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Developing Story
Saving Rhinoceros

Transforming the ecosystem: The new deal

You know you're living in troubled times when the only hope for a better future lies in the hands of future generations. At the same time we know that we can't postpone this urgent matter as mass extinction is already in full flow. These are the times when young people take their fate into their own hands to overthrow old systems that have proven to be outdated and useless, harmful or even destructive. As we can see now around the world, a new generation is demanding action against the climate crisis and mass extinction. These are times when revolutions begin. When the established are the problem, there is little hope they can also be the solution. It’s up to the next generation to show that they can do better than their predecessors.

This applies to the major environmental challenges of our time: climate change, the loss of biodiversity, the next (sixth) mass extinction. The solution—at a glance—seems obvious: we must radically change the way we treat our environment, our planet and our ecosystem. The questions are: how do we want to achieve that transformation, and who can achieve it?

A new mindset is needed

Unfortunately, forthcoming generations will not only inherit our environmental problems, they will also need to fix them. The generation that is able to change how we as a species deal with our ecosystem, will also be able to minimise the damage already done to it.

A new mindset is needed. The next generation has to use different strategies, different approaches and different ways of thinking. It must be an empowered generation. At protecting endangered species, colonial-style strategies are proven to be unsuccessful as they continue to marginalise indigenous populations. These local communities can no longer be marginalised; their young people especially not. They want to participate and they must be involved. This is especially true for rural communities in close proximity to protected areas and national parks. The connections—spiritual, moral, even the economical—between humans, animals and plants must be restored.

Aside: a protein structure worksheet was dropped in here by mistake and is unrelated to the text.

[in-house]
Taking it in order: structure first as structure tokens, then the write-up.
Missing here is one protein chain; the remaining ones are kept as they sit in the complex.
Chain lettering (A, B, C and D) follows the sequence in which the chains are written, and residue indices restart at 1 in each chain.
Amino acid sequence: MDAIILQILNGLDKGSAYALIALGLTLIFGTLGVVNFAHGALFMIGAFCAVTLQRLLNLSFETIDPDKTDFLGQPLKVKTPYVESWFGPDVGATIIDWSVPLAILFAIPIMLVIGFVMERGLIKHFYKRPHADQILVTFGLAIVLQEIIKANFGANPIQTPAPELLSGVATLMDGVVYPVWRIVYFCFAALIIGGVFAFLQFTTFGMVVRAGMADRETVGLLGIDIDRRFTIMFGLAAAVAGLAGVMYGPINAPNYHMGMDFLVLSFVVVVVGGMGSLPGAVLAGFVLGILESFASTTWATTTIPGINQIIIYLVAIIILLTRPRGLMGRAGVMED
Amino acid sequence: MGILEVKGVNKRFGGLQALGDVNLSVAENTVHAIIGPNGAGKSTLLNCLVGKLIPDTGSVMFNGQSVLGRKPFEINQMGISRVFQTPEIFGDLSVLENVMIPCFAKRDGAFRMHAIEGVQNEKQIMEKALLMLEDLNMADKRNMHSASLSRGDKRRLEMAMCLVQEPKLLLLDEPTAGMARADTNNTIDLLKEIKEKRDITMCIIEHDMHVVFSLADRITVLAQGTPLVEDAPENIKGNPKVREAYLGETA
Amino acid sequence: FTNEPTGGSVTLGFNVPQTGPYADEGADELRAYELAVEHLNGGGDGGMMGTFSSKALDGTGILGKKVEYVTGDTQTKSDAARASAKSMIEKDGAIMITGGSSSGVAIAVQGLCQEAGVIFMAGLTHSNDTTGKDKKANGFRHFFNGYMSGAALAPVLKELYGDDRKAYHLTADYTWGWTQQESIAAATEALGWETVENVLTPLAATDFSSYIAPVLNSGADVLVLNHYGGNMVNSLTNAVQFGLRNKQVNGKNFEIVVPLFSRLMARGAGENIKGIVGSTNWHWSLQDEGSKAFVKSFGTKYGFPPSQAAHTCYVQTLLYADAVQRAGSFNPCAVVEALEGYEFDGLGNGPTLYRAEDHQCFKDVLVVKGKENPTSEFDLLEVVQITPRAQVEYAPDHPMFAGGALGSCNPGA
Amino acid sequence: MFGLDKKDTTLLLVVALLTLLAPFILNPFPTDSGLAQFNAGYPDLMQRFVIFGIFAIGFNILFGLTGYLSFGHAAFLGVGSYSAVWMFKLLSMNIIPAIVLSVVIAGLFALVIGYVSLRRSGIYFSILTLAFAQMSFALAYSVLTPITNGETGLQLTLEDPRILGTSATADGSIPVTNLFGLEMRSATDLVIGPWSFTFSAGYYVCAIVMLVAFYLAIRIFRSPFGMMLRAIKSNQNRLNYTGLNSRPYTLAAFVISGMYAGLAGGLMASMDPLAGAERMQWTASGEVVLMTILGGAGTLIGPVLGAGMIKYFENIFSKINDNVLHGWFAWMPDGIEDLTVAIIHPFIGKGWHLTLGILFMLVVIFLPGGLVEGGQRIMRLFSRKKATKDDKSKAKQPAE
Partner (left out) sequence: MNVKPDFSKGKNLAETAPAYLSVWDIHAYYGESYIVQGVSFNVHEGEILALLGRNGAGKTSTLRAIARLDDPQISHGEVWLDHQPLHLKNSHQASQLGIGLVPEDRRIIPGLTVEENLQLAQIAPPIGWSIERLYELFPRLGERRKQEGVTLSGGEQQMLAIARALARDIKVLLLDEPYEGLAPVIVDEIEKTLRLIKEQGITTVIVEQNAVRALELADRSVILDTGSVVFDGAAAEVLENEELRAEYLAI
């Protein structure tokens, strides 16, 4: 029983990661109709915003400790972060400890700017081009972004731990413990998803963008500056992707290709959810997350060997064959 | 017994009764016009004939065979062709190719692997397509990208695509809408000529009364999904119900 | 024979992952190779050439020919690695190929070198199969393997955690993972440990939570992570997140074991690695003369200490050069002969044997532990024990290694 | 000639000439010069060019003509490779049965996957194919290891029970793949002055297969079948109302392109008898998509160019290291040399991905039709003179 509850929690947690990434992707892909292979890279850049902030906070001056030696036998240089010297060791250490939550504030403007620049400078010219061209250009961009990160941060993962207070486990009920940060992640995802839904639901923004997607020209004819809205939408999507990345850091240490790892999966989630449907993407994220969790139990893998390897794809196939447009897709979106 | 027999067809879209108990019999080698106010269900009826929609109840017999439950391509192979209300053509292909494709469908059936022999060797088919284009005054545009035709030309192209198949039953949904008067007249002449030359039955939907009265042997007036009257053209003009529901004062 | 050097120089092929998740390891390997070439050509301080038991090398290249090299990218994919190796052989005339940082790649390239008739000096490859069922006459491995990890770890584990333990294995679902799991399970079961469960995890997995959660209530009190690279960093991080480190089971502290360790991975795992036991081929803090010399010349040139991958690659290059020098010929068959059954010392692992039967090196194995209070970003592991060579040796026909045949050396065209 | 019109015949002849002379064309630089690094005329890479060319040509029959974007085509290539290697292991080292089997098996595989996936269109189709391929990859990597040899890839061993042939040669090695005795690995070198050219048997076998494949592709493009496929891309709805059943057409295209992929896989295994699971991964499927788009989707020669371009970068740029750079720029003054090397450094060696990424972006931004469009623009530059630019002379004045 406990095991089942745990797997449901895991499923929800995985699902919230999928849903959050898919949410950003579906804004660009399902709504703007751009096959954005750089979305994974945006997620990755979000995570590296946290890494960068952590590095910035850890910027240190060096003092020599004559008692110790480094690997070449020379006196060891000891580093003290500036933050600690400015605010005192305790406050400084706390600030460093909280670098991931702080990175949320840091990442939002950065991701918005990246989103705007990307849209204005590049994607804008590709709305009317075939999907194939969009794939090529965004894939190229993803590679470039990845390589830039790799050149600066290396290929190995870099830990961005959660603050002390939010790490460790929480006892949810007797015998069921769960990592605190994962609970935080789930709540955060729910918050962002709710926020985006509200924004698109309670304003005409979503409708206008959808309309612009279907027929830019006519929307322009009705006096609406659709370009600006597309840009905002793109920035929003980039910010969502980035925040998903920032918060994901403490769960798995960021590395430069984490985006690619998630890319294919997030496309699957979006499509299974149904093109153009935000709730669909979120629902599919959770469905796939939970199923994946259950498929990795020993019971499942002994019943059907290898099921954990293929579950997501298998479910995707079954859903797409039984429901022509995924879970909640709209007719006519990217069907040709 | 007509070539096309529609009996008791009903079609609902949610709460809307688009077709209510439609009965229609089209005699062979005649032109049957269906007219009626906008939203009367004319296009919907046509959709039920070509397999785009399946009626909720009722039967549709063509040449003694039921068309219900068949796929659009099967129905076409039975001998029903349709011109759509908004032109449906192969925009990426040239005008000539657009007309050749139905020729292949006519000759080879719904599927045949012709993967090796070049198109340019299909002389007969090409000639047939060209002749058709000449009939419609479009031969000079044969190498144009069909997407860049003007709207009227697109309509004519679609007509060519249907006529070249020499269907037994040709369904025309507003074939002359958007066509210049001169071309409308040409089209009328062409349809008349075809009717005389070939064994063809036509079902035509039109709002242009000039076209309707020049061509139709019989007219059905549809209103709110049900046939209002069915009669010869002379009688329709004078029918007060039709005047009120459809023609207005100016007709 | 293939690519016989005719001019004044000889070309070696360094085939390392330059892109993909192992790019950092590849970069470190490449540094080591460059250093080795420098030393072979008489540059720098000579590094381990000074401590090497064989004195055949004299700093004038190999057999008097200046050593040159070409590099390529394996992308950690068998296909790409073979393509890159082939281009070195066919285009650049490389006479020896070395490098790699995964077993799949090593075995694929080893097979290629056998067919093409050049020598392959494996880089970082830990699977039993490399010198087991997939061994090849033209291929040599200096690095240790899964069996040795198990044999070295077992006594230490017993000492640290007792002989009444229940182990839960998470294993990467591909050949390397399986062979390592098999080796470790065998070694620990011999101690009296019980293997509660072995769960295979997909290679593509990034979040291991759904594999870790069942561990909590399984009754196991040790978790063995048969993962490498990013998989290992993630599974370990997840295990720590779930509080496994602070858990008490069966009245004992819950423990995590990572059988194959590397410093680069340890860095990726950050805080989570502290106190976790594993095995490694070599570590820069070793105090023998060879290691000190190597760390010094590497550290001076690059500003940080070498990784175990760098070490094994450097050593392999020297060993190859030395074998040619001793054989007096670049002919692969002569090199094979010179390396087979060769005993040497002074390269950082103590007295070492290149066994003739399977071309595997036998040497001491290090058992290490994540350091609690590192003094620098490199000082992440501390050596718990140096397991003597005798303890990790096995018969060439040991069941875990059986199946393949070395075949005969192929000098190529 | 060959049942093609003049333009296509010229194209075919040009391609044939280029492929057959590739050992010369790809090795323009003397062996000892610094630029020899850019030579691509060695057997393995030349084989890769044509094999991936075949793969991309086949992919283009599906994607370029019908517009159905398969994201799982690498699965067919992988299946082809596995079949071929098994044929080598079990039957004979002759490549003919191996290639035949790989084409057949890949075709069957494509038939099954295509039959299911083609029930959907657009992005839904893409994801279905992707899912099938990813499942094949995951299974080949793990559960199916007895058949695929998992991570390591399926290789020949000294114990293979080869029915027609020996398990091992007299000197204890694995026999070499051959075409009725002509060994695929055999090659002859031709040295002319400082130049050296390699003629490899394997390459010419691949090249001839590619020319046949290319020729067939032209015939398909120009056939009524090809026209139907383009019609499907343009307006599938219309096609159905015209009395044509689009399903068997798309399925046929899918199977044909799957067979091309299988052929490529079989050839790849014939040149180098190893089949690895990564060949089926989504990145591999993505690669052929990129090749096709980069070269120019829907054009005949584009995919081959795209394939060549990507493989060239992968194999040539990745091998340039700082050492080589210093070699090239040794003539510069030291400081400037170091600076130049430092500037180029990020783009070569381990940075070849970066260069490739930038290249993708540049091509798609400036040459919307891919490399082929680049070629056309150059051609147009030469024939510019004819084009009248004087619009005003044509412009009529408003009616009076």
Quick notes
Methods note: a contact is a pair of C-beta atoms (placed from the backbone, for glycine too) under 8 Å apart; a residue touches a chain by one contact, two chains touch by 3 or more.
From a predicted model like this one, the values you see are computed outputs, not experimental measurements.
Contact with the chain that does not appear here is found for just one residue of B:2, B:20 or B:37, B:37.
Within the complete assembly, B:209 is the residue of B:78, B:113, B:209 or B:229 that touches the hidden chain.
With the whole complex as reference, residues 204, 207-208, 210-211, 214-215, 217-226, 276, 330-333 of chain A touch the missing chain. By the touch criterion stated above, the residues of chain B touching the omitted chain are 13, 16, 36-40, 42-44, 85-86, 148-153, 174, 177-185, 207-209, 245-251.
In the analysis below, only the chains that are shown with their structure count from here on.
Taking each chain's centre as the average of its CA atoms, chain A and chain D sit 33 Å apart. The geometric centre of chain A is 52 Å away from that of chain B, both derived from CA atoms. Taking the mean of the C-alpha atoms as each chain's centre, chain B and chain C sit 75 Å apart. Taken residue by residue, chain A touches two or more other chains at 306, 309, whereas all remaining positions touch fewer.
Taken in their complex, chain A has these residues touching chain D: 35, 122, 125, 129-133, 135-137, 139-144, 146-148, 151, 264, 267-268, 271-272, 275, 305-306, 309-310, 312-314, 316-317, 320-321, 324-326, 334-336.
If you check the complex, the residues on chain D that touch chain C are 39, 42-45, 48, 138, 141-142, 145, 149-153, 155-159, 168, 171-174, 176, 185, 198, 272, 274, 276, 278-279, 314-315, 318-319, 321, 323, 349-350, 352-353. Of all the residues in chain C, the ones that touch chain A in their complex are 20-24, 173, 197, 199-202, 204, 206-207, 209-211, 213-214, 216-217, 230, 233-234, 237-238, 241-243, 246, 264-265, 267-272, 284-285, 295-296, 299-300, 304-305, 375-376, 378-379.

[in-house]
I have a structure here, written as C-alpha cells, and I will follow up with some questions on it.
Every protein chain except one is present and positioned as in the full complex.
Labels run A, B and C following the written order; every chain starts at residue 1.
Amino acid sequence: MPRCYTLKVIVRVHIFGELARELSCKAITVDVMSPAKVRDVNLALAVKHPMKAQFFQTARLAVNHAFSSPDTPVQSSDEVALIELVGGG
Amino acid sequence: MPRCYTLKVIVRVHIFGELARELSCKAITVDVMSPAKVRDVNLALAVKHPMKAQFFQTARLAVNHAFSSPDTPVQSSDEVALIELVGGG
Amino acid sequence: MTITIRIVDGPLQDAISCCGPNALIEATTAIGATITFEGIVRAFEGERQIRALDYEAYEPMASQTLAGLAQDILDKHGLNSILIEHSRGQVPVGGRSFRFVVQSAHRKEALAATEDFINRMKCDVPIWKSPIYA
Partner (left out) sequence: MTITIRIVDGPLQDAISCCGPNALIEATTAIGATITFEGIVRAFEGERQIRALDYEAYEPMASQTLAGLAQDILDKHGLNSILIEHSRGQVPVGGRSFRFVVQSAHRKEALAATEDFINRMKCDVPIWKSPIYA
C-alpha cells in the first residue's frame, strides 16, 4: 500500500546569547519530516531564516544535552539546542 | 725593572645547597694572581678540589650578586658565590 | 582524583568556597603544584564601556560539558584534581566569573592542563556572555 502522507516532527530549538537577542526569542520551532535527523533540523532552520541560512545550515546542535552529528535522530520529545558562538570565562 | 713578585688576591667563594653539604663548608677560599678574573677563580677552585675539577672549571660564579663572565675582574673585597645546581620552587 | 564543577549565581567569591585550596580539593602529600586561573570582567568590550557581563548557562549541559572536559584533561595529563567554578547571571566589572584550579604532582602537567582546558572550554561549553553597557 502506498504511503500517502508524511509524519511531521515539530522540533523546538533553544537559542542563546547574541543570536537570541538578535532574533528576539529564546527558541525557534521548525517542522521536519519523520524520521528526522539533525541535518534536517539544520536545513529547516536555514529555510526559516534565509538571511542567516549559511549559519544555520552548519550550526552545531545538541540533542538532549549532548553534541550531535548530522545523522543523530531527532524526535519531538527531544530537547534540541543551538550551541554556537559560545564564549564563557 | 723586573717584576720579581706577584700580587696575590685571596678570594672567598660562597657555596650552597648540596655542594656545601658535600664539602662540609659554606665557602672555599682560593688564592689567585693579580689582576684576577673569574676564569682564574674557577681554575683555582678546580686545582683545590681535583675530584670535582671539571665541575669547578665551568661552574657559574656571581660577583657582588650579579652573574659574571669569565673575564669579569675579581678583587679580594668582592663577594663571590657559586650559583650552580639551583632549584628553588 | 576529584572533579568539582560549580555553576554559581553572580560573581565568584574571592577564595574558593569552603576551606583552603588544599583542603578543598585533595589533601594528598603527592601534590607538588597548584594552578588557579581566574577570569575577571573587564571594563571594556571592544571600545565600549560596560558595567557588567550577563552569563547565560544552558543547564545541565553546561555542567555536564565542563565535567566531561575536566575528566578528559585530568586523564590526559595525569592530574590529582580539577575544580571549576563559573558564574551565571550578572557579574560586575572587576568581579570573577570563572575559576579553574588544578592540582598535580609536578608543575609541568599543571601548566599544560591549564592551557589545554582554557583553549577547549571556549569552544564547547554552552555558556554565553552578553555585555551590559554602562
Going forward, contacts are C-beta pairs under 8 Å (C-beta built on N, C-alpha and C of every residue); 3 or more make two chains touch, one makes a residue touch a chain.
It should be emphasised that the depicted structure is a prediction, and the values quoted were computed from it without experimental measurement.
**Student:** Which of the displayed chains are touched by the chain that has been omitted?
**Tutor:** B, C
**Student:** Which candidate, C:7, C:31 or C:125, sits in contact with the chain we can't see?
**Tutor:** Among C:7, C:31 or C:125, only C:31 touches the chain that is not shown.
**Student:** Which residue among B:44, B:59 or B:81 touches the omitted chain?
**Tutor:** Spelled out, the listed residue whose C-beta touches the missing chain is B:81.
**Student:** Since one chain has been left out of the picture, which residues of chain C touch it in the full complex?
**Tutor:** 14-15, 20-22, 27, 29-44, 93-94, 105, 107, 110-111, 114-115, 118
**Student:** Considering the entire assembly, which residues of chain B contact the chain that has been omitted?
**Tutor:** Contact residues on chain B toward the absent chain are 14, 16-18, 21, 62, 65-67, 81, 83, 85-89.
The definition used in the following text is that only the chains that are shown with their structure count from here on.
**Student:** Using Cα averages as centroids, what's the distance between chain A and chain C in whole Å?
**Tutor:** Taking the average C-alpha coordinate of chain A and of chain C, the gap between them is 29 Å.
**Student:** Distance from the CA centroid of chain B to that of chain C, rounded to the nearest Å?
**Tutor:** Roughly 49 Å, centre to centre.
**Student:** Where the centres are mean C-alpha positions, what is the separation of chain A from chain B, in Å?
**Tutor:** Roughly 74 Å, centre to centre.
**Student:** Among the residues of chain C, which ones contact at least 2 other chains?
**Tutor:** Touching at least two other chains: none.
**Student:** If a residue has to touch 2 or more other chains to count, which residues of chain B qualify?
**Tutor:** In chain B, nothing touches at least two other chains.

The core of empowerment must be education. Only those who are aware of their rights can demand them. And only those who act with self-confidence can shield themselves from competing and even sometimes destructive forces. Only then can problems such as pollution, habitat loss and biodiversity be addressed by grassroots movements in the affected regions themselves.

Overcoming colonial-style conservationism

Education also protects minority viewpoints. This is true both in industrialised as well as non-industrialised countries. Those who want to overcome colonial-style conservation should start with education and empowerment. For example, in a multi-ethnic state in Africa, such as South Africa, where black and white people co-exist with some difficulty, education enables competing groups and various interests to be taken into account to reach a healthy compromise, where all viewpoints are heard and treated with equal seriousness. (For an in-depth analysis of what it means to get communities involved with wildlife protection, please read chapter 11 “Ensuring the participation of communities” and see what direct actions are being taken in chapter 12.)

How to get support for a shift towards sustainability

An educated and empowered society will soon find out that in our modern times spiritual and economical value will go hand-in-hand. And only such a society will understand and accept the link between conservation efforts in their neighbourhood and the global loss of biodiversity. Such a society is likely to support a shift in the use of their ecosystem towards sustainability.

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Such a shift must also include tourism. Again, new concepts are necessary; Concepts that overcome the colonial-style approach of "gated communities" in tourism and its “exclusive” character towards indigenous groups. This is especially true for hunting tourism. Meanwhile, even die-hard big game hunters, such as Carl van der Riet, whose family looks back on a long tradition of big game hunters, realise that trophy hunting will not be sustainable, simply because stocks are constantly shrinking in the wild.

"I've realised that the time for classic trophy hunting is over."

Carl van der Riet

Van der Riet runs a lodge on the Middle Zambezi River in Zimbabwe, which used to be visited by hunting tourists, but like many other lodges in the region, has transformed away from trophy hunting to photo safari and sustainable tourism. The transformation is accompanied and supported by Ralph Koczwara and his organisation Hemmersbach Rhino Force, whose progress we are covering with this FairPlanet developing story. 

The fight against poachers on the one hand—to which the direct action organisation of the Nuremberg entrepreneur Koczwara has committed itself—and trophy hunting for tourists from rich industrialised countries on the other, would be difficult to communicate to rural local communities. The latter needs to be involved in that respect, too.

What a “new deal” with our ecosystem in the countries of southern Africa could look like is subject to the following three articles of our FairPlanet Developing Story. 

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